Worth £280 million of taxpayers’ money?

Just to recap, despite the introduction of compulsory sex education onto the National Curriculum by the Tories in 1993, followed by the establishment of the Teenage Pregnancy Unit by the Labour government in 1999 at a cost of £280 million, pregnancy rates have remained unchanged since the 1970s. The stated aims were to reduce rates by 15% in 2005 and by 50% in 2010.

Let’s examine precisely how close they got to achieving these targets shall we? In 1999 there were 49,900 conceptions by the under 18s. (numbers have been rounded to the nearest hundred and include both cohorts 13-15 and 15-17). In 2005, the figure was 50,200. Half way into the 10 year strategy, instead of the 15% decrease hoped for, there was in fact a slight rise of 0.6%. Ed Balls panicked and announced another £20.6 million to go into the program in February 2009.

In 2009, the latest full year figures available, teen conceptions numbered 45,500. Marvellous, a decrease at last, of 8.8% since 1999. Well short of the 15% target which was supposed to have been achieved 5 years previously with the desired 50% reduction seeming little more than a pipe-dream.

So, how are we doing now? Here’s a chart showing quarterly data from the last year, which includes the most up-to-date data which is available from March 2010.

It’s looking pretty static. No major changes, the extra £20.5 million given by Ed Balls is yet to have an impact. Both age cohorts experienced a slight rise in conceptions between March and June which over the course of the year gradually dropped to a lower rate, rose again and ended up close to where they started.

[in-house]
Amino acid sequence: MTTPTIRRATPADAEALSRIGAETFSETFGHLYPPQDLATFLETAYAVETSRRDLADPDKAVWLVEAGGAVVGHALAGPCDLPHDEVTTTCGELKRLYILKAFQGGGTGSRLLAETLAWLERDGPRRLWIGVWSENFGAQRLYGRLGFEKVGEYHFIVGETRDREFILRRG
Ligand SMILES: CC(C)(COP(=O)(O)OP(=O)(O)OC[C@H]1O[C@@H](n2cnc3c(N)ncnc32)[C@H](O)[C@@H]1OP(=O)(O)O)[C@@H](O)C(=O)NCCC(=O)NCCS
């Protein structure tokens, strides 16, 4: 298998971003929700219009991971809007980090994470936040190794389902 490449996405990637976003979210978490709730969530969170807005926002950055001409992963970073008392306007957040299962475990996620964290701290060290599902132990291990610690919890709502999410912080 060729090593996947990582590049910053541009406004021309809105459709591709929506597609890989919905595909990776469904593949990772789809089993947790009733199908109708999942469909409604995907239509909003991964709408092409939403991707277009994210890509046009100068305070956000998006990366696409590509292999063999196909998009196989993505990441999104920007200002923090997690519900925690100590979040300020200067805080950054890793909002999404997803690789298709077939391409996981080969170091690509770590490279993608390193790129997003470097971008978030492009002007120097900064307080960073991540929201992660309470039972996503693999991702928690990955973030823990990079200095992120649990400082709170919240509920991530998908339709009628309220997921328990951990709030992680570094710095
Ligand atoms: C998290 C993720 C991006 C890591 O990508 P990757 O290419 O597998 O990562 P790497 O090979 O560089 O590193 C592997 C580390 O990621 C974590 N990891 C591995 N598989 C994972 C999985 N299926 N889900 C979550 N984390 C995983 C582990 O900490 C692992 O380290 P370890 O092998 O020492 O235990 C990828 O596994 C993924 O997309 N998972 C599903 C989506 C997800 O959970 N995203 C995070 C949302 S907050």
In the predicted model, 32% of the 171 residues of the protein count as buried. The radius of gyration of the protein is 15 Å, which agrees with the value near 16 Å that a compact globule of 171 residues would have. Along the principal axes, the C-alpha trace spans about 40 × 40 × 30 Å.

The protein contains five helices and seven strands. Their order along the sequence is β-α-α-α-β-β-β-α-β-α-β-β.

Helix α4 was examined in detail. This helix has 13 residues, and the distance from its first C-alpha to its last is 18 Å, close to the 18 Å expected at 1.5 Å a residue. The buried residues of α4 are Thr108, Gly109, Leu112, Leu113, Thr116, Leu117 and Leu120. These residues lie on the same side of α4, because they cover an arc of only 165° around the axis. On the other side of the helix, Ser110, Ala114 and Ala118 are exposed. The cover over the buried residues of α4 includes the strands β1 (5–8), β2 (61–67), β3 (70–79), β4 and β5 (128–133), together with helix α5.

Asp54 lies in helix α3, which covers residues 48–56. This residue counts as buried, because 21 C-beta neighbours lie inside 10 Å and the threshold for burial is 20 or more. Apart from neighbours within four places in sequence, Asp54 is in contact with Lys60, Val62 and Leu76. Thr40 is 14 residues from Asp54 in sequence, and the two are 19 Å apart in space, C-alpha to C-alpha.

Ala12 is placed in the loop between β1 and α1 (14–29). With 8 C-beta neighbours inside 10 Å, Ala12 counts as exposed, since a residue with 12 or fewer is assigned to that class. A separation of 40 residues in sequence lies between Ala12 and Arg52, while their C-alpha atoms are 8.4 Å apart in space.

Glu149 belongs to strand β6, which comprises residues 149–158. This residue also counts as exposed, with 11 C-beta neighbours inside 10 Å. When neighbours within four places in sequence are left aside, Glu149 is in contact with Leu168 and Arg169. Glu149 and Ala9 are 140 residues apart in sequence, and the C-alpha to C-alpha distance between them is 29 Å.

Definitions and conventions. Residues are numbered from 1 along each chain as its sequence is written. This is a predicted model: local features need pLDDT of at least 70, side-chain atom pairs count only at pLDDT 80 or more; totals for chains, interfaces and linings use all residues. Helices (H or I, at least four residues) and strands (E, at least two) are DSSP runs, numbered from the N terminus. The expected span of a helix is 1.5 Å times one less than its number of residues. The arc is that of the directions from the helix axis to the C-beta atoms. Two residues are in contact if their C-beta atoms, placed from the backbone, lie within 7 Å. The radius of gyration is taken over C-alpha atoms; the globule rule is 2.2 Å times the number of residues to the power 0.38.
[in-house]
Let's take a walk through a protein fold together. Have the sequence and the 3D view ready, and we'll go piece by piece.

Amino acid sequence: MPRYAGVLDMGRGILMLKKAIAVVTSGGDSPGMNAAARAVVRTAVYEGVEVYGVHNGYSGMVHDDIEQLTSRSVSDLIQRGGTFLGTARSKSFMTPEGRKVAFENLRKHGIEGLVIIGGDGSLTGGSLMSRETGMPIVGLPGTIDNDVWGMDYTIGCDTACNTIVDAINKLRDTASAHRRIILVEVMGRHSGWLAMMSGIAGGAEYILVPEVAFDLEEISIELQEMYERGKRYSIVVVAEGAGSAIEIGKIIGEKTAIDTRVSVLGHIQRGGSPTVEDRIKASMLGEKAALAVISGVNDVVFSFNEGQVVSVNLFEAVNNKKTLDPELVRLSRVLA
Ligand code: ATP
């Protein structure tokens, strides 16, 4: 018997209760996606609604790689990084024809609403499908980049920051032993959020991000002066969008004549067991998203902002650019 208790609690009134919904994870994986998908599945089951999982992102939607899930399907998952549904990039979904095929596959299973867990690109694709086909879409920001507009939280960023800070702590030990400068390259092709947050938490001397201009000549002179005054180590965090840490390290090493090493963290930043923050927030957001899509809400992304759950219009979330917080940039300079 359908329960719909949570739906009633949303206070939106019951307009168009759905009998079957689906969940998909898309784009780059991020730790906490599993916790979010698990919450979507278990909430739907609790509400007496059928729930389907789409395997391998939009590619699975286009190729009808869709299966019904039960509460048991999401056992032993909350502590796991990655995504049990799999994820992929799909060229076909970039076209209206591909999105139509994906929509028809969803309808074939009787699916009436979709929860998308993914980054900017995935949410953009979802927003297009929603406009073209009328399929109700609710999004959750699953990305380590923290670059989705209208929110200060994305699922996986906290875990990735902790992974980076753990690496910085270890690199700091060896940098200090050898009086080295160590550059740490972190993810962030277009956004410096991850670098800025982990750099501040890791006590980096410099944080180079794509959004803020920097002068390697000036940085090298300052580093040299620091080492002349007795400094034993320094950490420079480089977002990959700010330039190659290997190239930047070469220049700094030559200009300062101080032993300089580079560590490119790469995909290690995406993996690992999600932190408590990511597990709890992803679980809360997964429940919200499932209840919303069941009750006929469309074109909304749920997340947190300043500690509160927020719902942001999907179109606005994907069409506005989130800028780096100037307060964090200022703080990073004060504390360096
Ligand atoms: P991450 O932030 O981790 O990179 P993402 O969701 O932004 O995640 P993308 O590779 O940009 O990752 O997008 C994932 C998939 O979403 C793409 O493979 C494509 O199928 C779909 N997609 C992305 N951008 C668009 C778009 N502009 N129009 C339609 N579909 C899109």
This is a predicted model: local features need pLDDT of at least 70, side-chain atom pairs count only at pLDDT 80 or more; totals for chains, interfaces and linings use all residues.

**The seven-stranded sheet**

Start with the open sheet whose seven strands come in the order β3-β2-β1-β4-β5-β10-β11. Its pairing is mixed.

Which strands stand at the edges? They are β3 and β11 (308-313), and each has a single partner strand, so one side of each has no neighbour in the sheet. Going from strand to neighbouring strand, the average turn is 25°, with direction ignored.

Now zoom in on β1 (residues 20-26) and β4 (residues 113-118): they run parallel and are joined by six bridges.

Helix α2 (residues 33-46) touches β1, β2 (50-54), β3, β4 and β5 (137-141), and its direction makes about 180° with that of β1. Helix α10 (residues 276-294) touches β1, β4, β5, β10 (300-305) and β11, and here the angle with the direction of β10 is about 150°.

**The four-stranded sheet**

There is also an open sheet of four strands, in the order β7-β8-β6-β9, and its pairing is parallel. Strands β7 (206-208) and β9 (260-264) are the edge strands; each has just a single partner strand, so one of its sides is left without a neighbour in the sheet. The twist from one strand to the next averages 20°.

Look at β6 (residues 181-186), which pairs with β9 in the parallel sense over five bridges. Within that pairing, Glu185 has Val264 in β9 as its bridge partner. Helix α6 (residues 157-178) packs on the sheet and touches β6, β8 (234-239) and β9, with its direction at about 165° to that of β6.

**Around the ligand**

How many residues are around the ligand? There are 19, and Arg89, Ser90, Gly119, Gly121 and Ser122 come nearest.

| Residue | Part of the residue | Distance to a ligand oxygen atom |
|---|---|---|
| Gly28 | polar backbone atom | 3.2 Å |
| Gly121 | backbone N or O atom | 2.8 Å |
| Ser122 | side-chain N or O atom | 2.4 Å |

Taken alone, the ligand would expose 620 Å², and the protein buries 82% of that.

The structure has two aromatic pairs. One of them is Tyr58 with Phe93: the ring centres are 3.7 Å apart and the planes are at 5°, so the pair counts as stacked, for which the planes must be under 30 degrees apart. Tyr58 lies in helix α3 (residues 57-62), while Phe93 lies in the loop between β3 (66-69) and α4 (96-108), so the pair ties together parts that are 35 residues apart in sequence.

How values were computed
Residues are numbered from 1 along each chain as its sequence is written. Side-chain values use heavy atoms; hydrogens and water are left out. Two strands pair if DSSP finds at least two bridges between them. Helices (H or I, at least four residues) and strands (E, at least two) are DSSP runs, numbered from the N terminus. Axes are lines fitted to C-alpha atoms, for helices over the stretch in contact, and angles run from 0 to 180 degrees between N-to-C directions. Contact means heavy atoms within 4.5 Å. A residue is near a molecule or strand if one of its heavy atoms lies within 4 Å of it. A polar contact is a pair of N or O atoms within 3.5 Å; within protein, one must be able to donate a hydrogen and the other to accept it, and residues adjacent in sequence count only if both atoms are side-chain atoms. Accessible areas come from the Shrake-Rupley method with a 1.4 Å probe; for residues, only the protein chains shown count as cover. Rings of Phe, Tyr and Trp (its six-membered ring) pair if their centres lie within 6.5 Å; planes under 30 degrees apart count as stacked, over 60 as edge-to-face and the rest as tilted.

Interestingly the abortion rate in both age cohorts rose.

The abortion rate rose from 59% to 62% in under 16s and from 49% to 50.4% in under 18s, over the course of 2009.

Around 96% of abortions are carried out on the NHS. So, if we take 96% of 28,465, the total number of teen abortions carried out between March 2009 and March 2010, and multiply that figure by £500, the cost of the cheapest abortion procedure carried out by BPAS and Marie Stopes (the NHS refers/funds 91% of their abortions) that comes to a conservative total of £13.6 million.

So in 2009 we have an extra £20.5 million being spent to combat teenage pregnancy, on top of the £13.6 million being spent to carry out abortions on those for whom the strategy failed.

There are those who might argue that the £13.6 million is money well spent if it prevents welfare costs, which is a horribly cynical opinion all things considered, but nonetheless a perfectly valid position. However given that pregnancy is, in the overwhelming majority of cases, an entirely preventable condition, particularly amongst teenagers, then it could be argued that the £13.6 million is money that can ill afford to be spent, at a time of ever-shrinking resources, especially as the problem could be combated by a simple change in attitudes and behaviour.

Of course Marie Stopes and BPAS will be pushing for yet more access to contraception to teenagers at an increasingly younger age. Contraception has a notoriously high failure rate, it is estimated that around 50% of live births are unplanned, so it stands to reason that more teens being taught that sex can be ‘safe’ will result in more pregnancies and more abortions. Then that charitable organisation Marie Stopes, founded upon the principles of the wonderful lady who wrote letters of admiration to Hitler and who disinherited her son for the heinous crime of marrying a woman who wore glasses, will have more money to develop new business markets charitable ventures in developing countries. All funded by the UK taxpayer.

It’s a strategy that on the whole seems to be working. Have a little look at the teen conception rates resulting in abortion since 1990.